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Mentions: Since ISG15 is a ubiquitin-like modifier that is known to be covalently linked to hundreds of cellular and several viral substrates (Giannakopoulos et al., 2005; Zhao et al., 2005), our goal was to identify which substrates following overexpression of ISG15 could account for the protective effect detected in the context of Listeria infection and used a proteomic approach. We made use of SILAC coupled with LC-MS/MS and compared cells that express empty vector, cells that express ISG15 and cells that express ISG15 that were treated with interferon, the primary inducer of ISGylation (Figure 4A,B). We identified thirty ISGylated proteins modified following overexpression of ISG15 (Figure 4C–E, Figure 4—source data 1, depicted in blue). The proteomics data have been deposited to the ProteomeXchange Consortium (Vizcaino et al., 2014) via the PRIDE partner repository with the data set identifier PXD001805 (Radoshevich et al., 2015a). Interestingly, these proteins have not yet been reported to be targets of ISGylation. Following interferon treatment, ISG15 modified twelve additional proteins distinct from those that were ISGylated after overexpression without treatment (Figure 4C–E, Figure 4—source data 1, depicted in red). Three of these proteins are known targets of ISGylation following interferon treatment in the aforementioned screens. The other nine are novel substrates of ISGylation. To gain more insight into the role of ISGylation of the modified substrates following overexpression, we performed a gene ontology (GO) analysis of the thirty ISGylated proteins. To our surprise over 80% of ISG15-target proteins are integral membrane proteins (Figure 5A). Even more intriguingly they are known to be primarily localized to the endoplasmic reticulum and Golgi apparatus and/or are critical for glycosylation, ER morphology and ER to Golgi trafficking (e.g., the oligosaccharyl-transferase (OST) complex, RTN4, ATL3, SEC22B, ERGIC1, and ERGIC3; Figure 4C). One of the proteins enriched following ISG15 overexpression is Magnesium Transporter 1 (MAGT1). MAGT1 is critical for T cell activation and patients with a deletion in the MAGT1 gene are susceptible to viral and certain bacterial infections (Li et al., 2014). The protein is localized to the cell surface or to the ER where it interacts with the OST complex, which is critical for N-glycosylation (Pfeffer et al., 2014). Notably, we also identified multiple proteins from the OST complex as targets of ISGylation (Figure 4C, inset). To validate that MAGT1 was modified by ISG15, we affinity purified ISGylated proteins and performed immunoblot analysis (Figure 5B). Two higher molecular weight ISG15-MAGT1 complexes appear that are absent in control cells (Figure 5B, arrows). To assess whether MAGT1 was ISGylated following infection, we immunoprecipitated ISG15 and could show that there is a higher molecular weight MAGT1 complex that immunoprecipitates with ISG15 (Figure 5—figure supplement 1A). Additionally, non-conjugated MAGT1 was enriched following ISG15 immunoprecipitation as well. Whether the interaction is direct or indirect within a multi-protein complex remains to be determined. Of note, MAGT1 is also induced by Listeria infection (Figure 5—figure supplement 1A). A second target of ISGylation following ISG15 overexpression is Reticulon 4 (RTN4) (Figure 4C,D). It is known that RTN4 helps to determine the morphology of the endoplasmic reticulum (Voeltz et al., 2006). We also validated that endogenous RTN4 was modified by ISG15 by immunoblot (Figure 5B), and we detected an upshifted ladder of modified RTN4 that was also recognized by the ISG15 antibody. ISG15 is not known to make chains so the ladder most likely corresponds to either multiple ISGylations of RTN4 or concomitant modifications of RTN4 by ISG15 together with other modifiers as opposed to a single modification. Here again we could validate the endogenous modification of RTN4 by ISG15 following Listeria infection (Figure 5—figure supplement 1A) by detecting multiple distinct slower migrating bands of RTN4 and ISG15 (Figure 5—figure supplement 1A). Interestingly, Atlastin-3, another protein that affects ER morphology was also identified as an ISG15 target. We attempted to validate this interaction by immunoblot but were unable to identify an upshifted complex, in part due to inadequate antibody sensitivity (data not shown). Atlastin-3 is an ER dynamin-like GTPase that can alter the morphology of both the ER and the Golgi apparatus (Rismanchi et al., 2008; Hu et al., 2009). RTN4 and Atlastin-3 can interact to help shape the tubular ER. When RTN4 is overexpressed it increases protein disulphide-isomerase (PDI) clustering in the cell (Yang et al., 2009; Bernardoni et al., 2013). We thus assessed PDI puncta formation following ISG15 overexpression and in line with our hypothesis found a dramatic increase in puncta formed upon ISG15 expression (Figure 5C). We further assessed the ER morphology of ISG15-overexpressing cells by visualizing SEC61-GFP or KDEL-BFP. Neither of these markers displayed an apparent redistribution in ISG15 overexpressing cells relative to control cells (Figure 5—figure supplement 1B). We also assayed whether there was a difference in ER mass using ER-tracker and FACS analysis (Figure 5—figure supplement 1C). There was no detectable difference between the two cell lines in ER mean fluorescence intensity. Taken together, the most striking effect of ISG15 overexpression on ER morphology is PDI clustering and distribution.10.7554/eLife.06848.011Figure 4.Schematic representation of ISG15 targets identified by proteomics.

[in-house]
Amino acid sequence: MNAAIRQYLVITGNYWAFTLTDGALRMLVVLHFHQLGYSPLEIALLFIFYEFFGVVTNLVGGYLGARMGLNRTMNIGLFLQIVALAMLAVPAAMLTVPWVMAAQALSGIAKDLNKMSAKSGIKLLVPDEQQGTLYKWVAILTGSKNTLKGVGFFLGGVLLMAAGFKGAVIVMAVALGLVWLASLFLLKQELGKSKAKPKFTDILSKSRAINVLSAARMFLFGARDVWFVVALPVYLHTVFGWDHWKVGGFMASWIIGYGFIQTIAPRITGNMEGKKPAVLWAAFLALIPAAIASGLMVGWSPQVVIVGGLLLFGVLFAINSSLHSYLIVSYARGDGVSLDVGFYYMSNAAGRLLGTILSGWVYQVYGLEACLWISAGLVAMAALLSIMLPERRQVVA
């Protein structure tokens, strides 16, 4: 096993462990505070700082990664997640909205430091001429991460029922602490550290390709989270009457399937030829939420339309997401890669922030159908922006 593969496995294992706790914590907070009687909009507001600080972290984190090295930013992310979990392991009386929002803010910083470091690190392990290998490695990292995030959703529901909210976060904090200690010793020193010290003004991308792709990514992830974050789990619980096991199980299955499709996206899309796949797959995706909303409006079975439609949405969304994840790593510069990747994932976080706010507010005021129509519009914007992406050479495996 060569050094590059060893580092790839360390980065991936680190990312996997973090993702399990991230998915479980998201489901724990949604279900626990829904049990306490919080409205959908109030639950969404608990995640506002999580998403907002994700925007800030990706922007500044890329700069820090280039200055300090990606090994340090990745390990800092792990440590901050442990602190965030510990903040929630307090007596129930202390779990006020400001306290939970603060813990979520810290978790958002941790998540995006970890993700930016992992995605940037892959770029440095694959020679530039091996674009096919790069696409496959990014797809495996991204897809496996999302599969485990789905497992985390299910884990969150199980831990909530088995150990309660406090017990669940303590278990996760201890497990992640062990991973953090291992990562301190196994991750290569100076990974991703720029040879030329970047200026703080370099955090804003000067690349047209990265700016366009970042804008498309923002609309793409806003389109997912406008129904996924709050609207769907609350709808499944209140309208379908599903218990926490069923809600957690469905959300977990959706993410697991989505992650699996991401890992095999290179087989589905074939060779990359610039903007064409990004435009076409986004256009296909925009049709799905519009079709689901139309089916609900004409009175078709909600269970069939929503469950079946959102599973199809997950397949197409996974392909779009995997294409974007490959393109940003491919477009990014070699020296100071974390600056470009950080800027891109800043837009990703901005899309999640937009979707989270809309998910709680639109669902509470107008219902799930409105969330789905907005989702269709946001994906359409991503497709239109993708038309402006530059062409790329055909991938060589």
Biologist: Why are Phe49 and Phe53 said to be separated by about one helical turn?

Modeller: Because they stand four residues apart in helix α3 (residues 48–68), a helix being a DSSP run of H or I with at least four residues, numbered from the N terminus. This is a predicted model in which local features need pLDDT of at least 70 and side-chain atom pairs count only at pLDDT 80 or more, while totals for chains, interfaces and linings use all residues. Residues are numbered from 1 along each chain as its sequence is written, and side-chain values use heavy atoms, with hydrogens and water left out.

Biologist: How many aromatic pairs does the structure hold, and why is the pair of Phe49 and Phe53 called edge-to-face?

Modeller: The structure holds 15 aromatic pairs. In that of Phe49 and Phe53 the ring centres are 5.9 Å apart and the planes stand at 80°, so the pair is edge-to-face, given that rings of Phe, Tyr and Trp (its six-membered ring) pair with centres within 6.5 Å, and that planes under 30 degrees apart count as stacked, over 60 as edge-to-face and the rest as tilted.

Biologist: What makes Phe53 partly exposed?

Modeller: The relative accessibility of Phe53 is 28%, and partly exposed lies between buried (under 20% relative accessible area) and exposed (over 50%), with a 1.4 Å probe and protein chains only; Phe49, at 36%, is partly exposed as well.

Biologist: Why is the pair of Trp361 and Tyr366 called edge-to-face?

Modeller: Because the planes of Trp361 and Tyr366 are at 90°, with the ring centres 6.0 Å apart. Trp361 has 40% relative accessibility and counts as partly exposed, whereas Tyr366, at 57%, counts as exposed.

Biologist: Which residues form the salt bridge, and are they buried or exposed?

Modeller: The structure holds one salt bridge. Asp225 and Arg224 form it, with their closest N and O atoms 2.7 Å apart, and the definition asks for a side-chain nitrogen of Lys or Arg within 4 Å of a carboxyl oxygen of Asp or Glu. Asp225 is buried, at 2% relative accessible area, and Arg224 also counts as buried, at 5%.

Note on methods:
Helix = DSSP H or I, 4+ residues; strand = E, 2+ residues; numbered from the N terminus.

No MeSH data available.